(Calidris arenaria.)

By the beach border, where the breeze
Comes freighted from the briny seas,
By sandy bar and weedy rock
I frequent meet thy roving flock;
Now hovering o'er the bending sedge,
Nor gather'd at the ocean edge;
Probing the sand for shrimps and shells,
Or worms marine in hidden cells.
— Isaac McClellan.

This little shore or beach bird is sometimes called the White or Surf Snipe, and the Ruddy Plover. It breeds only in the colder portions of the northern hemisphere and migrates southward, even beyond the equator where it makes its home during the winter months. It frequents chiefly those regions near the surf-beaten shores of the oceans. It is also a common visitor to the beaches of larger inland waters. On these shores its beautiful form and habits are very noticeable. It walks and runs in a dignified and graceful manner as it chases the receding water searching for its food.

The pure white of the plumage of the under parts of the bird is a striking characteristic as they reflect the sunlight during flight. It is a silent bird and it sometimes appears alone, though it is usually seen in flocks and is frequently associated with other species of the snipe family. Regarding its habits, some one has said: "When feeding along the extreme verge of the ocean it is pleasant to watch its active movements when advancing or retreating with the influx of the sea. It is naturally very unwary and regards man with less suspicion than most of our snipes. When a flock is fired into, those which survive rise with a low whistling note, perform a few evolutions and presently resume their occupation with as much confidence as previously exhibited."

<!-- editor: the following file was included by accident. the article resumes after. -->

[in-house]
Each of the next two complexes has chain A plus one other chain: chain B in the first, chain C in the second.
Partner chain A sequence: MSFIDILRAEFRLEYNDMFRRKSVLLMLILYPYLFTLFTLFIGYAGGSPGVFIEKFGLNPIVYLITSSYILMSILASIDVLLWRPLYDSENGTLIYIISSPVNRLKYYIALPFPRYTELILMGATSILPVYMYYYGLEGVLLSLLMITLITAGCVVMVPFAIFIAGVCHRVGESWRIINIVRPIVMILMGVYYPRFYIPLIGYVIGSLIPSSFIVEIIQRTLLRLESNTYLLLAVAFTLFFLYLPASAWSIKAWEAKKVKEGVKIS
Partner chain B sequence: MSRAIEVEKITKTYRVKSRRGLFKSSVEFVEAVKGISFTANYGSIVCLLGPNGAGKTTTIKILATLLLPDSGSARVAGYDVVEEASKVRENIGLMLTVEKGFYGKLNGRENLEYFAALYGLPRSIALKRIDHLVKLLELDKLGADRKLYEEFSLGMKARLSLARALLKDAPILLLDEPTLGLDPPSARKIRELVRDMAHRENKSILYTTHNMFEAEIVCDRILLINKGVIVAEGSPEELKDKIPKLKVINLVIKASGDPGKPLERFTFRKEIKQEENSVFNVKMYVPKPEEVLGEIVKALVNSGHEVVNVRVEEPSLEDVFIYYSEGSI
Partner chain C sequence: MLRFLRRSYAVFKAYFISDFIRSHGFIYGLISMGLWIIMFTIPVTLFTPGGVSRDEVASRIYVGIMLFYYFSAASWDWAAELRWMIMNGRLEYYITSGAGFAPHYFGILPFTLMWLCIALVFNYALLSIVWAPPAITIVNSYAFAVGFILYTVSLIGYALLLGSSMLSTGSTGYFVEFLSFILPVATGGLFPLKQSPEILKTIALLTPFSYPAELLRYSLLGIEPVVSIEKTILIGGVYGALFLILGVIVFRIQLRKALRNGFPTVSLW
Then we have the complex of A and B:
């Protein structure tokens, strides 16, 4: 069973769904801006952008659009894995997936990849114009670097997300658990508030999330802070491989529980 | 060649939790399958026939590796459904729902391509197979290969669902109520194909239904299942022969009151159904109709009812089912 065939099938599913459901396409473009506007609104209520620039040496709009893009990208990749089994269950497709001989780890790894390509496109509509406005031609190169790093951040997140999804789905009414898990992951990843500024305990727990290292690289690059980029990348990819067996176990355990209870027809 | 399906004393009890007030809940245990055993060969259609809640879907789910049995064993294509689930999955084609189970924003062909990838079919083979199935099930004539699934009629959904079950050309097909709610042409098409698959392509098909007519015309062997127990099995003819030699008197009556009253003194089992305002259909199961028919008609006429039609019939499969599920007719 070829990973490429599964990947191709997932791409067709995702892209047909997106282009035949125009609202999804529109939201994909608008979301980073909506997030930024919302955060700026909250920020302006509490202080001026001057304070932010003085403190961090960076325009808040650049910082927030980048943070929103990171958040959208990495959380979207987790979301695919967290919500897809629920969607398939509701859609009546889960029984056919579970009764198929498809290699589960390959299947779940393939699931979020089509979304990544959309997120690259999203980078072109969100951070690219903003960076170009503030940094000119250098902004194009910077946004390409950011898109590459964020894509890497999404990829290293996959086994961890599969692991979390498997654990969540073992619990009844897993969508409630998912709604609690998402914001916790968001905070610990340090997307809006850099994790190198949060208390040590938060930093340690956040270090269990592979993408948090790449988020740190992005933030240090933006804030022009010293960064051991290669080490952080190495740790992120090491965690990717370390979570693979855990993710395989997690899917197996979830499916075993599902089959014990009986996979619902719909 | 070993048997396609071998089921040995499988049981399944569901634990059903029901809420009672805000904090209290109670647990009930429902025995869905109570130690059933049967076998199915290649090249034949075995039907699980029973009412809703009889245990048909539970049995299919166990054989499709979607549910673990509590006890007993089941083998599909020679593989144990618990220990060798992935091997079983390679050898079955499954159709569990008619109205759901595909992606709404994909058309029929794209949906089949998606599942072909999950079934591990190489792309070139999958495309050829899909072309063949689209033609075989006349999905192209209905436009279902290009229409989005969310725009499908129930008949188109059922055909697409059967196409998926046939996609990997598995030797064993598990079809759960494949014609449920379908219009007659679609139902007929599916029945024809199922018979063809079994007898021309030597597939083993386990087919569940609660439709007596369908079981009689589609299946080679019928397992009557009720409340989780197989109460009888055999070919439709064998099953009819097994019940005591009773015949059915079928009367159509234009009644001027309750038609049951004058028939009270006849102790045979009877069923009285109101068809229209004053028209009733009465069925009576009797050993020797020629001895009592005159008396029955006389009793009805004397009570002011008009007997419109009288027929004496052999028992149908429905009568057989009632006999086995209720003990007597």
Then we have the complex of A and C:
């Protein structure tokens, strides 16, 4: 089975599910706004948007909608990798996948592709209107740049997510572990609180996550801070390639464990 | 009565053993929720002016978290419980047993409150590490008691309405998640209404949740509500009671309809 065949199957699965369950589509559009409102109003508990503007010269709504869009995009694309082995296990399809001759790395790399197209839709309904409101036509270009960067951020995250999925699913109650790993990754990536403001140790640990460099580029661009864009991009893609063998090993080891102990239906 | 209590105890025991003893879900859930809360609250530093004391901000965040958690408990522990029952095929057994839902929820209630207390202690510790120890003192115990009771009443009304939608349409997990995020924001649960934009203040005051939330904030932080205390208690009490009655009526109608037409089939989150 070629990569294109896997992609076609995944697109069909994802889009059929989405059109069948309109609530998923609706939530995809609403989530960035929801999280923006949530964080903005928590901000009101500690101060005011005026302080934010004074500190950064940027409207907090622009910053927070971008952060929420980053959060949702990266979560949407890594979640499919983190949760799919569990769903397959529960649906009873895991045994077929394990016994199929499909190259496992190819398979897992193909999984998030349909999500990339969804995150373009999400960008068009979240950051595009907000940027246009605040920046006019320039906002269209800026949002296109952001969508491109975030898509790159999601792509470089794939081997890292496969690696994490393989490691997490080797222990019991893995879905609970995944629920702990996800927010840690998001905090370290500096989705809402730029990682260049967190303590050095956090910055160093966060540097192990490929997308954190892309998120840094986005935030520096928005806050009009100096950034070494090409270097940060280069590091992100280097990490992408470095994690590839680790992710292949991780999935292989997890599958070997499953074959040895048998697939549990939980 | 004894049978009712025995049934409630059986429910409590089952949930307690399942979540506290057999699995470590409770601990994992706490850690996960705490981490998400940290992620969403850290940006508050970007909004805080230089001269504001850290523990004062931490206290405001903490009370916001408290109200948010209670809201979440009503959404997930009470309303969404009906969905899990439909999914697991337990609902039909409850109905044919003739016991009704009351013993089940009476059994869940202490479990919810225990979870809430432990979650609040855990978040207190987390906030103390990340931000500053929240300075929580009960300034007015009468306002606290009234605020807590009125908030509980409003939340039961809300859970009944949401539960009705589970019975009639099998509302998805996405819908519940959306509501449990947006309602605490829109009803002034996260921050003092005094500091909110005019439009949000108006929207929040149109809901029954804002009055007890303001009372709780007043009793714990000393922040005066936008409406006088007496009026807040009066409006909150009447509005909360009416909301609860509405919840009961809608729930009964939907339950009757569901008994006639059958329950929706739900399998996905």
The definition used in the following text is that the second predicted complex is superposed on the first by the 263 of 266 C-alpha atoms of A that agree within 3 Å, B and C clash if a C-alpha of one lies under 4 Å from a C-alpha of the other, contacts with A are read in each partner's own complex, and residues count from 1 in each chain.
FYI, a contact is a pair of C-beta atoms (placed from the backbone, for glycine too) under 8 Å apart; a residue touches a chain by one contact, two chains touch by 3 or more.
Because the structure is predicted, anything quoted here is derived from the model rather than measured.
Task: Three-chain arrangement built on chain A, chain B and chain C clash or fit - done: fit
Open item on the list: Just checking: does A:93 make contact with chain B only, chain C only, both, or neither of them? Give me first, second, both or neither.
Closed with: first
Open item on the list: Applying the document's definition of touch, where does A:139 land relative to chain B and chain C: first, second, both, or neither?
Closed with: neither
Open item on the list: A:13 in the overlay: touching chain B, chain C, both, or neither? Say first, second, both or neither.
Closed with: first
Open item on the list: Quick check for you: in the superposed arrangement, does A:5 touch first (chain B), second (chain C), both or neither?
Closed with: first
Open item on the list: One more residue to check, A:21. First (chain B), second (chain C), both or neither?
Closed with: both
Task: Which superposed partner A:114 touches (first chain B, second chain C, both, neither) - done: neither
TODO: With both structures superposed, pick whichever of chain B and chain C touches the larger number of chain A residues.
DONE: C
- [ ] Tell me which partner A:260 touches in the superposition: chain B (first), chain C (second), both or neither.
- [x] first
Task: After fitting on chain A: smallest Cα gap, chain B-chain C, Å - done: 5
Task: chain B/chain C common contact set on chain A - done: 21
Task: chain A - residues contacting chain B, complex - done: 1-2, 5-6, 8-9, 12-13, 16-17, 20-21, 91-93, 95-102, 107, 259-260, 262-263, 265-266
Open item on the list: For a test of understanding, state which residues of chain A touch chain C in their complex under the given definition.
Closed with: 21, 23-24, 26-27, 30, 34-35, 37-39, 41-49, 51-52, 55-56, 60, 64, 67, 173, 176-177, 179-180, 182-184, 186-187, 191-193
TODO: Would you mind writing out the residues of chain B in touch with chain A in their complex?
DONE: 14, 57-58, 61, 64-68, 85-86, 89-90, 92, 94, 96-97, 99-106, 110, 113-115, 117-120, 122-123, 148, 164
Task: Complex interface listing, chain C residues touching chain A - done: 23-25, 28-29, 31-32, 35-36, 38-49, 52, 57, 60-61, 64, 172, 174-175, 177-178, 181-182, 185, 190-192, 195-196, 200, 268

The feet of the Sanderling are unlike the other members of its family, being without a fourth toe, entirely divided and without a membrane. This indicates that it frequents firm surfaces and that it is fitted for running and walking upon the long, shelving beaches over which the tides and surf roll, leaving an abundance of its particular food.

The nest of the Sanderling, rudely constructed of dried grass and decayed leaves, is placed in a depression in the ground so situated as to be protected by the natural vegetation of the region. The eggs, usually three or four in number, have an ashy or greenish brown ground color and are finely spotted with different shades of brown.

The food of the Sanderling consists mainly of sea worms, small bivalve shells and crustaceans, though it will also eat buds and insects. It would seem as if its hunger was never satiated — always busy, always moving. These expressions describe its habits, as with its fellows and the other snipes with which it associates, it seeks its food in the wake of the retreating wave and turning, runs before the incoming water which seldom engulfs it.

For those who are so fortunate as to be located near the feeding grounds there can be no more interesting recreation than to sit on the beach and watch the peculiar antics of these delicate creatures. Frequently, without an apparent reason an entire flock will rise as if in answer to a signal and, after executing a few turns alight, and again resume the occupation it had left.

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